Ask These Questions Before Hiring a PR Firm

You may not need to hire a PR firm if you can create and pitch your stories with your in-house team.

August 08, 2017 Marketing Tips

Ask These Questions Before Hiring a PR Firm

Decades ago, PR professionals had a glamorous job – they were the conduits between corporate America and the media.

Today, you can use Twitter to break news.

Yet many startup companies and companies looking to grow still end up hiring a PR firm. While a PR firm can’t force the media to use your press releases, they can ensure that the media sees and hears your message. If that message is strong enough, it’s more likely to get coverage.

Evaluate the Costs and Benefits of Hiring a PR Firm

Most PR firms have strong relationships with reporters that make it easier to get heard. That’s the main value that a PR firm provides nowadays – personal relationships with journalists. The Internet, however, has made it easy to directly connect with journalists, so PR firms are no longer a vital part of generating media coverage.

Should you handle your publicity in-house or hire a PR agency? Consider these five questions:

  • Do you have the necessary resources to conduct media research, establish contacts and distribute materials?
  • Do you have the writing capabilities to put together a media release or feature pitch that will get picked up by the media?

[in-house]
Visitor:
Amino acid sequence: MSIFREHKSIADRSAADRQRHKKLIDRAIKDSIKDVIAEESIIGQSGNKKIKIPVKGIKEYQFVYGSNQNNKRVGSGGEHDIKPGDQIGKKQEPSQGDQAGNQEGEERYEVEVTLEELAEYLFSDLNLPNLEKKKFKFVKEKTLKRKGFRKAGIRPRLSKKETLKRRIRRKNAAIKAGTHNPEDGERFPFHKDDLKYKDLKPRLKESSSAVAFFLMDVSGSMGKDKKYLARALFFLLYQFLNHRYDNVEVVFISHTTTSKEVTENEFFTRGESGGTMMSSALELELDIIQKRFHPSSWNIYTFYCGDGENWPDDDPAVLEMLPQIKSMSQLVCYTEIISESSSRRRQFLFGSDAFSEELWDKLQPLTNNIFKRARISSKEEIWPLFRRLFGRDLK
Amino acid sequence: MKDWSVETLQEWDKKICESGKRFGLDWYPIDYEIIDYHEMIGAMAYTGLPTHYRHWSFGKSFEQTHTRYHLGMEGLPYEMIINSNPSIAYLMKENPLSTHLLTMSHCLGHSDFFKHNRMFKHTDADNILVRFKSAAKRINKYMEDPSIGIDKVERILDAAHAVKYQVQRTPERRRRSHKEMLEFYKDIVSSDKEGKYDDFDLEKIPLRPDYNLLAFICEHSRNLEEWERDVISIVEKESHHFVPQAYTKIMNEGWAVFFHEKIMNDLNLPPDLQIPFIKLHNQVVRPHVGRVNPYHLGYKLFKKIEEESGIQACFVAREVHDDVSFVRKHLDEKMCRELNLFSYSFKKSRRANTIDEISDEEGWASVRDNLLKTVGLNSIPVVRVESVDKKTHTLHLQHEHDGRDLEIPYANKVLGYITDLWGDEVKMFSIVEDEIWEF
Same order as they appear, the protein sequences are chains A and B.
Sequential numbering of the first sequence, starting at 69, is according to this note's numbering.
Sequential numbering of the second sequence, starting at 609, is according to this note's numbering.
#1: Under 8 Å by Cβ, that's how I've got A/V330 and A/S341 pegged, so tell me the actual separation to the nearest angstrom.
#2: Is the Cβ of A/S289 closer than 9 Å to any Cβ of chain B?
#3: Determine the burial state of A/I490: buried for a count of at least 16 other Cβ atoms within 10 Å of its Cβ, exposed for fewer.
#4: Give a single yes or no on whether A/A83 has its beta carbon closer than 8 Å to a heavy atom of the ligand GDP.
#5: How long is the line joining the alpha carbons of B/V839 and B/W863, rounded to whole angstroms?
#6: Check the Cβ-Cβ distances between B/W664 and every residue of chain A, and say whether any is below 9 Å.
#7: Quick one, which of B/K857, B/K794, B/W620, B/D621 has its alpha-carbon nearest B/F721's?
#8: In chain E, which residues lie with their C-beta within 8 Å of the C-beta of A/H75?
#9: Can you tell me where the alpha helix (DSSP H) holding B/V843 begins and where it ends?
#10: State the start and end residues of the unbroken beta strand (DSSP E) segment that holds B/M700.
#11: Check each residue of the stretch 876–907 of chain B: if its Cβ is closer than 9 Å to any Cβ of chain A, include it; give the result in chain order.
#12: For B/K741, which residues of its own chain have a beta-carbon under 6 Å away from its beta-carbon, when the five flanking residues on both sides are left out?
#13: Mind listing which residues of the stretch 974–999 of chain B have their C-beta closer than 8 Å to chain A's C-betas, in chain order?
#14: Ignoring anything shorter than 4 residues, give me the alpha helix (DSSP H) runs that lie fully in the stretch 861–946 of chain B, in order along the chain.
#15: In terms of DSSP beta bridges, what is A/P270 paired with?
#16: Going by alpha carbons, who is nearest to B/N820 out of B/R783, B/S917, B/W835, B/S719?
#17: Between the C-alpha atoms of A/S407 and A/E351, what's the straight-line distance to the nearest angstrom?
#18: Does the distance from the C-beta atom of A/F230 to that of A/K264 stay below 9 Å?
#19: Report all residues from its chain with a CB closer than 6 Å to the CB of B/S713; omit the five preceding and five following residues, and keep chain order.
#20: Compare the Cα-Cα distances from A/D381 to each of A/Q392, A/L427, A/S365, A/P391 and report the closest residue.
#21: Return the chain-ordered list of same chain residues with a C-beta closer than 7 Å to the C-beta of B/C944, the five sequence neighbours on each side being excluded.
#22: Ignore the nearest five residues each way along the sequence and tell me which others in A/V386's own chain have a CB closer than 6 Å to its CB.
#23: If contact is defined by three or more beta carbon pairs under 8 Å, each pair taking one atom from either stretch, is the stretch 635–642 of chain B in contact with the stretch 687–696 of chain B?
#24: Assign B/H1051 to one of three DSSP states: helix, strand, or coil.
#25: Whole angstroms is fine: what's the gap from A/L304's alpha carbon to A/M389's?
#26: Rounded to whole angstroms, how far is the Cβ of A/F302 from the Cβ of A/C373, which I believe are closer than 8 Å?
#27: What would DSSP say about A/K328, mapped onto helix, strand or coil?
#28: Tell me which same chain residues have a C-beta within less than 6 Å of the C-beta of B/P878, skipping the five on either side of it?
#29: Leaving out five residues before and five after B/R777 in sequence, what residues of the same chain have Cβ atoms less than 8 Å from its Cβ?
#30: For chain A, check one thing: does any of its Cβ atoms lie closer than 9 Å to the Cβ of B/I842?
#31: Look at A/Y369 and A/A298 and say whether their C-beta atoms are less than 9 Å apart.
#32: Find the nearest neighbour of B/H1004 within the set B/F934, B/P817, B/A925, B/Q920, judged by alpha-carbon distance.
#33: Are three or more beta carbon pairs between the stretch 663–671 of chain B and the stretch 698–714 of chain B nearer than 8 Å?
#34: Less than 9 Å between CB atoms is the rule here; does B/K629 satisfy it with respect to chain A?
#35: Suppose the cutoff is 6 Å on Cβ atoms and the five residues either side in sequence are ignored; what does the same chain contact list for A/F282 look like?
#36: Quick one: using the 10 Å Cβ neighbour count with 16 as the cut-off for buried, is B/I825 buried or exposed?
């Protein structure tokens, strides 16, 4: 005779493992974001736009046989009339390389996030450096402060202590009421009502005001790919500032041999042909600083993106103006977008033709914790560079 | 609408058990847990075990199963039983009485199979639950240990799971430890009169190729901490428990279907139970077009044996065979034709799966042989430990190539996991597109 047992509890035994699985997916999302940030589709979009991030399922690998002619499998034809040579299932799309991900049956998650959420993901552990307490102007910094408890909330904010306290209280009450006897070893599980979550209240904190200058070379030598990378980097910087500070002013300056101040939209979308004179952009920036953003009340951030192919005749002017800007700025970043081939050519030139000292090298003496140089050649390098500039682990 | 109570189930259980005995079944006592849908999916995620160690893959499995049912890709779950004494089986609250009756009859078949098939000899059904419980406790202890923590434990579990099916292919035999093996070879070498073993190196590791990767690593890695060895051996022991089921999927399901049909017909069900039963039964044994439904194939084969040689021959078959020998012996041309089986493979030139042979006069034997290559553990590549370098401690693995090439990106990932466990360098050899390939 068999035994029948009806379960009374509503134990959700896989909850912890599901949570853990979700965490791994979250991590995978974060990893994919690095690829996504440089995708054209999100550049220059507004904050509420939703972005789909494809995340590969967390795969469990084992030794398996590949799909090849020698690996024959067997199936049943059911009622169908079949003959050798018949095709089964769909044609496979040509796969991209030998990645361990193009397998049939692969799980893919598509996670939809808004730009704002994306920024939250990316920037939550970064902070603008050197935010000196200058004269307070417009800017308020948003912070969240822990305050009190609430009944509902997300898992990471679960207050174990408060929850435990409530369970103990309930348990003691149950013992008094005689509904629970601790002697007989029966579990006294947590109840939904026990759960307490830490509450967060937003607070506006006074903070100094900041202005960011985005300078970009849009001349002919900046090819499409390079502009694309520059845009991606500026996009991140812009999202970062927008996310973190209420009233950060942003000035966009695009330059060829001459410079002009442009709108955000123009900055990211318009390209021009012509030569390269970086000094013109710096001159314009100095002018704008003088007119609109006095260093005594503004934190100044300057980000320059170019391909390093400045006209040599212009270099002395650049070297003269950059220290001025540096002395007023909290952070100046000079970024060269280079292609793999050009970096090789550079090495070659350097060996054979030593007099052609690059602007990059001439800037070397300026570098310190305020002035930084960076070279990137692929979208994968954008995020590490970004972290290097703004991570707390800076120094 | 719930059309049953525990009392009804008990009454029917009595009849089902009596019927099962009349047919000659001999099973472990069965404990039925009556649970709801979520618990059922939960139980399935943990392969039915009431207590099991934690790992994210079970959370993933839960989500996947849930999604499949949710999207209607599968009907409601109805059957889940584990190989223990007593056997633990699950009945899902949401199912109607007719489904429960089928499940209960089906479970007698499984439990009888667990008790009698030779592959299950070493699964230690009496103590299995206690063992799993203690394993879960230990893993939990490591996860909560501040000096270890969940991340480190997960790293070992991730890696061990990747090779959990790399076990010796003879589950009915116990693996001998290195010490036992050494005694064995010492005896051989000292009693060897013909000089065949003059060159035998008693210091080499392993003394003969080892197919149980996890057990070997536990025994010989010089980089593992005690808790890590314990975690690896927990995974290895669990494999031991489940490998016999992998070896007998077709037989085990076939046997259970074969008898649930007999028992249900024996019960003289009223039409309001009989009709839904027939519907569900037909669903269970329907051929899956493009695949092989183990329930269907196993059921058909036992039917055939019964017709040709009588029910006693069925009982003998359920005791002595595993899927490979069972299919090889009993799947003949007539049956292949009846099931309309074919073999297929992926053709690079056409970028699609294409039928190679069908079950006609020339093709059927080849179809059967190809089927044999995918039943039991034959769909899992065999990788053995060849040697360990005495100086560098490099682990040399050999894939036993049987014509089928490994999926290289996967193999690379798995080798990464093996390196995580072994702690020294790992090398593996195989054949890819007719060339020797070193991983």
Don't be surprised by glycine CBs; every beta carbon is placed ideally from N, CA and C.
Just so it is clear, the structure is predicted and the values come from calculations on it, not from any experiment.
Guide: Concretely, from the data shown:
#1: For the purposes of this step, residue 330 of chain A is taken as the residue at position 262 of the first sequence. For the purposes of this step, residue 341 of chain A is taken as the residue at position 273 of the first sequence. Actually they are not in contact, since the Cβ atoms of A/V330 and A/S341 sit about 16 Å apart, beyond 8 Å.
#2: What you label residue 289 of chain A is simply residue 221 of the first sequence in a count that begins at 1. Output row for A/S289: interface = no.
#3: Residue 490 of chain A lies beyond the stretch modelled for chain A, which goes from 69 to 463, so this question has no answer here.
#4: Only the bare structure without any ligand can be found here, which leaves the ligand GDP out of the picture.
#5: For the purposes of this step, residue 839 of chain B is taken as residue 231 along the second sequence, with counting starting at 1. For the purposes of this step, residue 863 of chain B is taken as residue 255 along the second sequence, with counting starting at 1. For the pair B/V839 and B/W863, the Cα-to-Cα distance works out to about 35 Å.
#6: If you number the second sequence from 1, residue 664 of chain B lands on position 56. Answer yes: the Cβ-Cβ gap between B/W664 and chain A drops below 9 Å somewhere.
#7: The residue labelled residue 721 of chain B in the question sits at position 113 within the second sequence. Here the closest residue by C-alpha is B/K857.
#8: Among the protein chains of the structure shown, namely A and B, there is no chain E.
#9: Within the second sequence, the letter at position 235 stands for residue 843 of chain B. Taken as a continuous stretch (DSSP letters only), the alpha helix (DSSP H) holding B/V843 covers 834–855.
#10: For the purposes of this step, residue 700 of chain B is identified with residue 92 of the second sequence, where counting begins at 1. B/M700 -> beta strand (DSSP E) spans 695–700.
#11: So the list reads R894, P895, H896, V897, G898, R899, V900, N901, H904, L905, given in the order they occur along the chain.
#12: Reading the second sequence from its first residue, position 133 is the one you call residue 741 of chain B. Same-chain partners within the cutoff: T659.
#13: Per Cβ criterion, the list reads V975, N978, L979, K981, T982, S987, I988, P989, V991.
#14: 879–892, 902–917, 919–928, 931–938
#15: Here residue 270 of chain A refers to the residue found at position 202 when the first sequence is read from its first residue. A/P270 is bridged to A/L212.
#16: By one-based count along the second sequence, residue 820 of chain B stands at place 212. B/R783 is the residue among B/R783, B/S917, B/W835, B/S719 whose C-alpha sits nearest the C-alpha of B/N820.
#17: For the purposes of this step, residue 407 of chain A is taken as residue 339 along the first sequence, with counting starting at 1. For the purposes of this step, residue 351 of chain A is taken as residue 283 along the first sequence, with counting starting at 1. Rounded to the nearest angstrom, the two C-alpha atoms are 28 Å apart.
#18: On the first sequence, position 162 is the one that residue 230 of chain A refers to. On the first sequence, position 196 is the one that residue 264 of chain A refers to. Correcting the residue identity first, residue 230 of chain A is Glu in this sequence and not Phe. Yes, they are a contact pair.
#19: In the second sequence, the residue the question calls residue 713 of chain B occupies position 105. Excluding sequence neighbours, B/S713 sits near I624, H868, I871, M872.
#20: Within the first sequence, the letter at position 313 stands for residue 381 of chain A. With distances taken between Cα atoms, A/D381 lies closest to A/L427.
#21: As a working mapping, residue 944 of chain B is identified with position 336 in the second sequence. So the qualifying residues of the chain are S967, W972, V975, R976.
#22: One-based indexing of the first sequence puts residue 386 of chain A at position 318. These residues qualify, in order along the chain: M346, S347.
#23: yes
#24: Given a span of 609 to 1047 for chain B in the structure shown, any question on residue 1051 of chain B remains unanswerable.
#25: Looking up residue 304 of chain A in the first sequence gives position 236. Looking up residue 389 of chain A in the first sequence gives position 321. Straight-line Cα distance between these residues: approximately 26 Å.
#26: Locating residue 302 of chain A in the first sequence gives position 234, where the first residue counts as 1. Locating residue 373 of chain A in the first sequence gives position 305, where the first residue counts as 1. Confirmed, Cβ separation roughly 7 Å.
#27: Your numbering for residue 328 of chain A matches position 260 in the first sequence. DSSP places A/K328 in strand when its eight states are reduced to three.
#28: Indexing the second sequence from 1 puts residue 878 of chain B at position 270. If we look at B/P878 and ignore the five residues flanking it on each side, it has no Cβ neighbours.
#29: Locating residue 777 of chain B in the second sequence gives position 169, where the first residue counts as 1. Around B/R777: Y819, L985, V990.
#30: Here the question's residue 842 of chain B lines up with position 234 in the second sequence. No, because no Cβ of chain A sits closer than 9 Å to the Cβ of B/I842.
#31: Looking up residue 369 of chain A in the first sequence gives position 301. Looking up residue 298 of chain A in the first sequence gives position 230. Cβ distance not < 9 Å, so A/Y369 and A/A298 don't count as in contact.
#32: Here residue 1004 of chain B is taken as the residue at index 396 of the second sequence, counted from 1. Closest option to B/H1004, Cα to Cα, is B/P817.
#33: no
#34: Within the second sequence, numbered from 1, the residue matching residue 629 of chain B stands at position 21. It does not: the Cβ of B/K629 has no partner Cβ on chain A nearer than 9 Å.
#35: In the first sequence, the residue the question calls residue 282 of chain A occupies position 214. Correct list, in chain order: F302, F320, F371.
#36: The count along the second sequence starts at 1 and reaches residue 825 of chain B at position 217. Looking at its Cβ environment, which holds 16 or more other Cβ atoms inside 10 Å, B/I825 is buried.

• Do you have the expertise and time to get it done effectively with your current workload?
  • Do you have staff to assist you with the campaign?
  • Is publicity important enough to allocate budget to a PR agency? The cost will depend on your size and your market, but monthly retainers for reputable PR firms in the US generally start at around $5,000/month for a small firm in the middle of the country and go up from there.

If you responded with two or more “no” answers, you should probably keep your publicity generation in house.

Additional Considerations Before Hiring a PR Firm

Most big PR agencies are expensive, and not all PR firms and consultants are good. Beware of PR professionals who pitch themselves as complete marketing gurus; some may have a broad range of skills, but those who don’t will simply drain your marketing budget.

Before making your final decision, it’s a good idea to list the pros and cons and consider a cost/benefit evaluation. We’ve listed numerous cons already. Here are some pros:

  • Good PR agencies and professional consultants should have a strong media Rolodex and be able to get your stories in front of the people that matter.
  • If you’re not comfortable generating story ideas, your PR firm should be able to create them for you.
  • Your PR firm will write and distribute your press releases.
  • A good PR firm can give you credibility in the marketplace.

If you’re a startup, however, consider Guy Kawasaki’s 10 reasons not to hire a PR firm. (There are plenty of good tools available for managing your own publicity campaign – including Qlutch.)

Now, list the pros and cons of using a PR firm and evaluate the benefits and costs. If you choose to engage a PR firm, make sure that you’re both clear on their monthly responsibilities and scope of work.

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